American Journal of Agricultural and Biological Sciences

Soil Erosion Prediction Based on Land Use Changes (A Case in Neka Watershed)

Karim Solaimani, Saeid Modallaldoust and Sedigheh Lotfi

DOI : 10.3844/ajabssp.2009.97.104

American Journal of Agricultural and Biological Sciences

Volume 4, Issue 2

Pages 97-104

Abstract

Problem statement: Land use change has transformed a vast part of the natural landscapes of the developing world for the last 50 years. Land is a fundamental factor of production and though much of the course of human history, it has been tightly coupled with economic growth. Soil erosion by water is one of the most important land degradation processes in the Mediterranean basins. The unplanned land use change within and near a fast growing agricultural land in Neka River Basin, led to an accelerated erosion of soil in the area. Approach: This study aims to find the relationships between land use pattern, erosion and the sediment yield in the study area. The land use coefficient (Xa) has applied in the model of Erosion Potential Method (EPM) to forecast the effect of the land type to reduce the erosion. Land cover and land use change was projected for the next decade using topography, geology, land use maps and remote sensing data of the study area. Results: The results of this study indicated that the total sediment yield of the study area has notably decreased to 89.24% after an appropriate land use/cover alteration. The estimated special erosion for the Southern Neka Basin is about 144465.1 m3 km-2 where after management policy is predicted 15542.9 m3 km-2 year?1, therefore the total difference for the study area has estimated about 128922.2 m3 km-2 year-1. Conclusion: The land use changes assessed among the different land cover classes. It is important to mention that conducting of the present study a very severe land cover changes taken place as the result of agricultural land development. These changes in land cover led to the forest degradation of the study area. Relationship between land-use changes and agricultural growth offered a more robust prediction of soil erosion in Neka watershed.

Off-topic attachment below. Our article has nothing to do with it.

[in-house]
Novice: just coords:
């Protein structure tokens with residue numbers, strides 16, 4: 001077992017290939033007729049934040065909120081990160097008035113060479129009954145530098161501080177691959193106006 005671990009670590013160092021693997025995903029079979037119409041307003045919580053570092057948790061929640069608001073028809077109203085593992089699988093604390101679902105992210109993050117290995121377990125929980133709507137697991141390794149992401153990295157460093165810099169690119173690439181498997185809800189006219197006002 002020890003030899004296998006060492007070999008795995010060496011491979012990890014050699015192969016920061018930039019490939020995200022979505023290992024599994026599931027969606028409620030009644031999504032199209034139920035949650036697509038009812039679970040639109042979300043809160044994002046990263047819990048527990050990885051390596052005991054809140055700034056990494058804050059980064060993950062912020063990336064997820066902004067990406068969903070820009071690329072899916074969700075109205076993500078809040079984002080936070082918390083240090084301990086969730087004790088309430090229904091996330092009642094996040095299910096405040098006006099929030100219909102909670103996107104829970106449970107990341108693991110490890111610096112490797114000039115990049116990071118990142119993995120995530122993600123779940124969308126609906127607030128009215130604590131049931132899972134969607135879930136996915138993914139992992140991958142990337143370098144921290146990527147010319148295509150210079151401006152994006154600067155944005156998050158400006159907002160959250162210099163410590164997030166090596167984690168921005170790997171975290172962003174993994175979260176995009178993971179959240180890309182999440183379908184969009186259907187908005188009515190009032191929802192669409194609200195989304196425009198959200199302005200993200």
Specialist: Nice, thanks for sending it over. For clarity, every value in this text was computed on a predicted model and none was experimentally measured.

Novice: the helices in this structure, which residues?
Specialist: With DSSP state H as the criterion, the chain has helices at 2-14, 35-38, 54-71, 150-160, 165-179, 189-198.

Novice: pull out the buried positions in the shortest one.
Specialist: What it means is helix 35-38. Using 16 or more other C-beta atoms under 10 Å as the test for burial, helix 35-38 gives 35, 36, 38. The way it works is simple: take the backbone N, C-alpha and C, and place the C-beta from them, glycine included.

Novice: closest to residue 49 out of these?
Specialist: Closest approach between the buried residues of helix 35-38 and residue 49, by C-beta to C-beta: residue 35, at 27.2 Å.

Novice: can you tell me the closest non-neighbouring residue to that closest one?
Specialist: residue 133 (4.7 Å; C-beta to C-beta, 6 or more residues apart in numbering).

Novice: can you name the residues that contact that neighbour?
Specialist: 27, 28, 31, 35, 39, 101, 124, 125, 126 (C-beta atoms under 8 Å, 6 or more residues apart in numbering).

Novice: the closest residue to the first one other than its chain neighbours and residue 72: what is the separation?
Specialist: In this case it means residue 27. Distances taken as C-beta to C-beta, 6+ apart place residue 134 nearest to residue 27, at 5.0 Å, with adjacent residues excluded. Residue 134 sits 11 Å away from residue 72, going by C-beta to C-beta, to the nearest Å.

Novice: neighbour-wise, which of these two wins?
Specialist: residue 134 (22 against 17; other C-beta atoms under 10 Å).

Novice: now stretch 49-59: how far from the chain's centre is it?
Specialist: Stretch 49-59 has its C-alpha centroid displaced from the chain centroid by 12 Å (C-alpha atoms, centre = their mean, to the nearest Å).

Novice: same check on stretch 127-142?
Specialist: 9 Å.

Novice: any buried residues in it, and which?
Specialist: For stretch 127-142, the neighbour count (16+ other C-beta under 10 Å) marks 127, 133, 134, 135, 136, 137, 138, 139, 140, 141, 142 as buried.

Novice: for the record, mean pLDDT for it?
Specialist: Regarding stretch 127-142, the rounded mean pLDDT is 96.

Copyright

© 2009 Karim Solaimani, Saeid Modallaldoust and Sedigheh Lotfi. This is an open access article distributed under the terms of the Creative Commons Attribution License, which permits unrestricted use, distribution, and reproduction in any medium, provided the original author and source are credited.